Rewards and Salvation – Part 1
In this study, we must keep in mind a principle that can be a huge stumbling block.
That principle is condemnation before investigation. — Edmund Spencer
That principle could be used as supposed-proof against all argument and if it is wielded, that principle will keep man in ignorance, barring him from understanding truth.
He that answers a matter before he hears it, it is folly and shame to him. (Prov. 18:13)
Whoever answers before listening is both foolish and shameful. (Prov. 18:13 ISV)
So let us carefully examine scripture to learn what God wants us to know.
Let’s begin this study with a few questions:
… neither shall any man pluck them out of my hand. … and no man is able to pluck them out of my Father’s hand. (John 10:28-28)
Notice, there are two hands involved. If you are saved, and if you could lose your salvation, then God’s hand, and Jesus’ hand are not strong enough to keep you.
Therefore, if we are saved, aren’t we going to be equal in Heaven?
Understand, all Christians are equal in being justified which is declared not guilty.
There is a difference between entering the Kingdom vs. Inheriting the Kingdom.
When Jesus said on the cross, ‘It is finished’, the word used means ‘paid in full.’ John 19:30
Salvation has three tenses: past, present, and future.
I am saved. Justification – separation from the penalty of sin.
This is a gift from God of everlasting life received by faith in Christ alone.
I am being saved. Sanctification – separation from the power of sin.
A work in progress that involves the faith and the works [fruit bearing] of the believer.
I will be saved. Glorification – separation from the presence of sin.
All believers will be glorified (resurrected and given a body like Christ).
Justification is for us:
Sanctification is in us.
Justification declares the sinner righteous:
Sanctification makes the sinner righteous.
Justification removes the guilt and penalty of sin:
Sanctification removed the growth and power of sin.
Many Christians have been taught if you’re saved, you will rule and reign with Him.
The Spirit Himself bears witness with our spirit that we are children of God, and if children, then heirs—heirs of God and joint heirs with Christ … (Romans 8:16-17)
Most Bible teachers and preachers stop at that point. But notice, Paul adds a footnote:
“… if indeed we suffer with Him, that we may also be glorified together.”
Ouch: a footnote. It has a condition.
Paul also says something else in: But I discipline my body and bring it into subjection lest, when I have preached to others, I myself should become disqualified. (1Corinthians 9:27)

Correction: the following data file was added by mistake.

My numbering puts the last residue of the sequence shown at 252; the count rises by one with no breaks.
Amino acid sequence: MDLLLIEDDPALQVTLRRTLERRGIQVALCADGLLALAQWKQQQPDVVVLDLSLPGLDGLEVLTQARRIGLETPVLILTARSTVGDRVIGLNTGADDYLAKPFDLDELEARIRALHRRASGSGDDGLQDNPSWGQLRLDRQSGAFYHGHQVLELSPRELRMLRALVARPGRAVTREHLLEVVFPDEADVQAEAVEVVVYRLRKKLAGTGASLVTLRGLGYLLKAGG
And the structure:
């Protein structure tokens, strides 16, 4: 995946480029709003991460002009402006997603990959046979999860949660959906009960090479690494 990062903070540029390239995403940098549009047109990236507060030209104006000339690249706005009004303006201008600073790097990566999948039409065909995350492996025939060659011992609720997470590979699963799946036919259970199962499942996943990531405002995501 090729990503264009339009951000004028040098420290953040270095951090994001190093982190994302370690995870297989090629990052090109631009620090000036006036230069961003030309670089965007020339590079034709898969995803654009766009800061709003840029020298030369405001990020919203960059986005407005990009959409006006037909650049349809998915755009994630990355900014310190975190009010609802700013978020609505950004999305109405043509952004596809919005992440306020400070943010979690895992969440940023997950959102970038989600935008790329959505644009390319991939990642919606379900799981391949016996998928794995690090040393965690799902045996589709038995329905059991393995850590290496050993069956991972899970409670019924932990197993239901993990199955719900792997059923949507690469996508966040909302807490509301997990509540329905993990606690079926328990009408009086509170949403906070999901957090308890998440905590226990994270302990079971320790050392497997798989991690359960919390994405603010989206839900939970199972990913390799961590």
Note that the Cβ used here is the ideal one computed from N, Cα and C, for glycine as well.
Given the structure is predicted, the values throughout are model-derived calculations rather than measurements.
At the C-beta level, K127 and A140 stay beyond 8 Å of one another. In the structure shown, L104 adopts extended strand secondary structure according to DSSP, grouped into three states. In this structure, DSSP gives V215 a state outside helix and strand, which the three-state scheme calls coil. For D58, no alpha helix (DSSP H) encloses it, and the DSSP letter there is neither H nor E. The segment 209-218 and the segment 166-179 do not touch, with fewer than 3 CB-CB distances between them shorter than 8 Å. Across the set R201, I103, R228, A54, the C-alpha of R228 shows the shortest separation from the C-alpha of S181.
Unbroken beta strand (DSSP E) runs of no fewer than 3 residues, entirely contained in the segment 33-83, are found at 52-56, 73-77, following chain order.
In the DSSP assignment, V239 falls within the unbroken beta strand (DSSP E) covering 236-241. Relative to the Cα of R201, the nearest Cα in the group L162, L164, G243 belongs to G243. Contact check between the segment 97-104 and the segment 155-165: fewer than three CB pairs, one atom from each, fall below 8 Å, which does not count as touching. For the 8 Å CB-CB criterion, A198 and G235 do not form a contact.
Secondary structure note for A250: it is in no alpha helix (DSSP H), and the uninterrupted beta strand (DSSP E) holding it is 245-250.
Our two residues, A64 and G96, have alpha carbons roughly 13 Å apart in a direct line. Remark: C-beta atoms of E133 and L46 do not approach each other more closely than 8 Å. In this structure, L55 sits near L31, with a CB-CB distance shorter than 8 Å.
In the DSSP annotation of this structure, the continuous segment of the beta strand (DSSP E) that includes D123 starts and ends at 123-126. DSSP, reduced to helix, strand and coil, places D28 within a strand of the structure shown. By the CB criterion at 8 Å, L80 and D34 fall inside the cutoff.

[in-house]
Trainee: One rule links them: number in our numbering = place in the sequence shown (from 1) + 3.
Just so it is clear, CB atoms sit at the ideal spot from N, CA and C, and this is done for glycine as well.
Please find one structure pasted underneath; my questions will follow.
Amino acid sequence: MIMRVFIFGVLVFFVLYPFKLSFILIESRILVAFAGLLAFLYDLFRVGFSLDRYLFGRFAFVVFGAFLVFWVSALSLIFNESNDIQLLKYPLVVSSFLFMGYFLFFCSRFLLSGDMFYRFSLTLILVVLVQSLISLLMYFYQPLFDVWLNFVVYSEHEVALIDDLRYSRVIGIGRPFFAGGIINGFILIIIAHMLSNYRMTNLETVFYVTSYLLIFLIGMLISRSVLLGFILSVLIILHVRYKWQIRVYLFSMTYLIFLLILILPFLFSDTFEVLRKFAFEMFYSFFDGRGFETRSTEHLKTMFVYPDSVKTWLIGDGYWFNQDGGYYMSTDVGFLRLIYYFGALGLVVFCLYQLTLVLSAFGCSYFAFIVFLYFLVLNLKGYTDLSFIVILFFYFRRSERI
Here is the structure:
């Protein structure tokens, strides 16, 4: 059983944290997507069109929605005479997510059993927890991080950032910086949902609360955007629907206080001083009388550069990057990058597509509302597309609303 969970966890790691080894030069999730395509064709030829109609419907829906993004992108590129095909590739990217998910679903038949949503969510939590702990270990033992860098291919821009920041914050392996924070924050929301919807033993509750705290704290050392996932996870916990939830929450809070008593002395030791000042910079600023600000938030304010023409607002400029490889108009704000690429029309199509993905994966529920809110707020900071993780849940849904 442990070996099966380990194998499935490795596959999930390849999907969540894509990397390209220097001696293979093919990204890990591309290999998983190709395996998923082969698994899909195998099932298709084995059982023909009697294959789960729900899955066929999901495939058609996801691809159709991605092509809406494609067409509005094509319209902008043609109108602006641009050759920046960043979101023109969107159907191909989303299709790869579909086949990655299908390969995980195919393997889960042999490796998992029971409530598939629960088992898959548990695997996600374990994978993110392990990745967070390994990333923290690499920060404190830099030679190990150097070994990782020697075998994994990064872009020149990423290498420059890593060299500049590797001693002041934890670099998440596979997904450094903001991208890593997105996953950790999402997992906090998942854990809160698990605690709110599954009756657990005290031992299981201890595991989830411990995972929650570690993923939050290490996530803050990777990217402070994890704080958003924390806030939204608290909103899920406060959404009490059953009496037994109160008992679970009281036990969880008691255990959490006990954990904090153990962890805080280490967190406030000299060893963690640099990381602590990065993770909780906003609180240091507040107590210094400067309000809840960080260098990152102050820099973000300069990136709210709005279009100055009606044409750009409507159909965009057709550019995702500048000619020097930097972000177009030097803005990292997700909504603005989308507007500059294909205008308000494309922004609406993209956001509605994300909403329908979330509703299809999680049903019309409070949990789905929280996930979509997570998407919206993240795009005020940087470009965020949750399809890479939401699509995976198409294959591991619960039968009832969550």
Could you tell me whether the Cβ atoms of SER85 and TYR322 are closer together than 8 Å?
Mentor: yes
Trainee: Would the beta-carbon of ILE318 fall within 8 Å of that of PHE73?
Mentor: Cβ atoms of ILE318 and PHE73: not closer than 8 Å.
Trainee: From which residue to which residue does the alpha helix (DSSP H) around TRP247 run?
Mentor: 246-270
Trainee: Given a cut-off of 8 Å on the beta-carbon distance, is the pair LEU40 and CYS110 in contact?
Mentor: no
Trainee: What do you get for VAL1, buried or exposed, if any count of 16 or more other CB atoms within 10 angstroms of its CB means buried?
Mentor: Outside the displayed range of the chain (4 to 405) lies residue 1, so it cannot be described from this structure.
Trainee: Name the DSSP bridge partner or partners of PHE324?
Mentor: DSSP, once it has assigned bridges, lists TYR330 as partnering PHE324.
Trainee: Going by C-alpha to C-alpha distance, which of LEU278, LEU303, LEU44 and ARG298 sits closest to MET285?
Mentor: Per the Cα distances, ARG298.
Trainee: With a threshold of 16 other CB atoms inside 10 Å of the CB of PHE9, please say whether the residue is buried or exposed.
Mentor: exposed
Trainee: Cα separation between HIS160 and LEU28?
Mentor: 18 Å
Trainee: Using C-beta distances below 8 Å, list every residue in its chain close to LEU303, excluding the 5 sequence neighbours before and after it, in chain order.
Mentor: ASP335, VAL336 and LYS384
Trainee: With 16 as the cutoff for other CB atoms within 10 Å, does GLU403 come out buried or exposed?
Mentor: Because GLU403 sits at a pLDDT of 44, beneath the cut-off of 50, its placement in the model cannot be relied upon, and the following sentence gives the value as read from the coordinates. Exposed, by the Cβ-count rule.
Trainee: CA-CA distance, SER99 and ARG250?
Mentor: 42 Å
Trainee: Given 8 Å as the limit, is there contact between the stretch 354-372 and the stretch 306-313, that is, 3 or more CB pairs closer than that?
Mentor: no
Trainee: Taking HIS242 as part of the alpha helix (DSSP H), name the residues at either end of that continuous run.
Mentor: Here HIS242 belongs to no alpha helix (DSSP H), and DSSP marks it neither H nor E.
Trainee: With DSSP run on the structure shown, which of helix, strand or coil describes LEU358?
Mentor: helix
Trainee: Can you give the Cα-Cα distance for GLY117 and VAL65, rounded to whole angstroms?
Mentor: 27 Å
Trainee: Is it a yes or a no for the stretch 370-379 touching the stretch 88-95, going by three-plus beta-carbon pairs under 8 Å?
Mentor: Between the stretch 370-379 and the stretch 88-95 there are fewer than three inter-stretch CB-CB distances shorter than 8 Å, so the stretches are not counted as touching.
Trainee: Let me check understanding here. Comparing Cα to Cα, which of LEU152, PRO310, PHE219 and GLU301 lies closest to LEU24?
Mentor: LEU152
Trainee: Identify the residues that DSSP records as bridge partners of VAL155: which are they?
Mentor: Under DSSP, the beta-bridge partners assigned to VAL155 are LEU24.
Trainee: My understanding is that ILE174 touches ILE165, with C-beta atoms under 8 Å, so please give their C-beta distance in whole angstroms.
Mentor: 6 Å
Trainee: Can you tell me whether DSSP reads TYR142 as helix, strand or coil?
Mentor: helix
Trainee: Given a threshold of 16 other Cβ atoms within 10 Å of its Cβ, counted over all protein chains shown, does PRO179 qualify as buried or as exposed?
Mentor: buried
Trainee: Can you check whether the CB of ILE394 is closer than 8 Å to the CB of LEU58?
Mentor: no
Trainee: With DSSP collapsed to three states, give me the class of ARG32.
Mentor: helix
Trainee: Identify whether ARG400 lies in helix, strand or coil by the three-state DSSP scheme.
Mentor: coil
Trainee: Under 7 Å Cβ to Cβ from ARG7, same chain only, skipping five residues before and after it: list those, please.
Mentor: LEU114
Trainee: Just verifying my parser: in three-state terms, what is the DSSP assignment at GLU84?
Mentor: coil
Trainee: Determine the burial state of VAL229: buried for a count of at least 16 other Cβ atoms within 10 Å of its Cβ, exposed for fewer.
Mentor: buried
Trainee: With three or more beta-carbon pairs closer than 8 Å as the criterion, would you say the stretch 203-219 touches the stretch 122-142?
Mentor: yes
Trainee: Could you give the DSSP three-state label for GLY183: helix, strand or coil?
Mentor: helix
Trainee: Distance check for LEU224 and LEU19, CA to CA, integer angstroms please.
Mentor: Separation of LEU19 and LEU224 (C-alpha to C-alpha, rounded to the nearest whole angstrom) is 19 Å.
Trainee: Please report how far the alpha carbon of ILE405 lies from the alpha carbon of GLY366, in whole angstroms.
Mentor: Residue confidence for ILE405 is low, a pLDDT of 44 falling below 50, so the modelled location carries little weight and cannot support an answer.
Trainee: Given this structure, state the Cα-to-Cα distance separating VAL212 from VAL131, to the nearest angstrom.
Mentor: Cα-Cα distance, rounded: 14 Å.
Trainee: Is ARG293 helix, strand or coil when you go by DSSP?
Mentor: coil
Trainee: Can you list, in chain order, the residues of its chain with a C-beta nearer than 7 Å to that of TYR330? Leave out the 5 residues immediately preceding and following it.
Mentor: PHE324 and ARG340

Wait a minute. Is Paul terrified about losing something? What’s he afraid of?
Keep in mind, Paul is not afraid of losing his salvation. He’s the one who penned Romans chapter eight. He wrote the book on eternal security.
If we should travel across the country and go to a hotel, we can enter the room, but it doesn’t mean we inherit the room. Inheritance means privileges, in other words, rewards.
There are two kinds of inheritance:
The word partakers means: one who shares in, companion, comrade; partner (in work, office, or dignity.)
Throughout scriptures, inheritance is always conditional upon faithful obedience.
In the New Testament, the word for inheritance means a reward for a life of faithfulness.
When we study the Old Testament, we can find where sonship, heir (inheritance), and firstborn, were promised by virtue of birth, however it was subject to conditions of obedience.
The land of Caanan was an inheritance — Deut. 15:4; 19:14; 25:19; 26:1
At the same time, it was to be merited by obedience — Exodus 23:20; Deut. 2:21
Israel was God’s ‘firstborn son’ — Exodus 4:22-23
Other inheritances were forfeited
Esau sold it for a dish of pottage.
Ruben, Jacob’s firstborn
Not Cain, but Abel
Not Japheth but Shem
Not Ishmael but Isaac
Not Manasseh but Ephraim
Not Aaron but Moses
Not Eliab but David
The generation of Israelites during the Exodus was promised an inheritance but failed to obtain it at Kadesh-Barnea. (Numbers 14) It was there that God did the following:
The Lord told Moses that because the Israelites had provoked Him, he would disinherit them. Moses interceded for the people, and God then pardoned them. However, the Lord swore on His own Name that those people would not see the Promised Land. Numbers 14:11-12, 19-21.
Because of Moses, they were forgiven, but they would not receive their inheritance.
Only two persons of the 2 million people took possession of their inheritance, Joshua and Caleb. Even Moses was excluded because of disobedience.
So we see that they [the Israelites in Exodus] could not enter in because of unbelief. (Hebrews. 3:19)
Their inheritance was conditioned upon faithfulness.
Notice Israel did not lose their status as a redeemed people.
They were still the redeemed: the chosen people of God.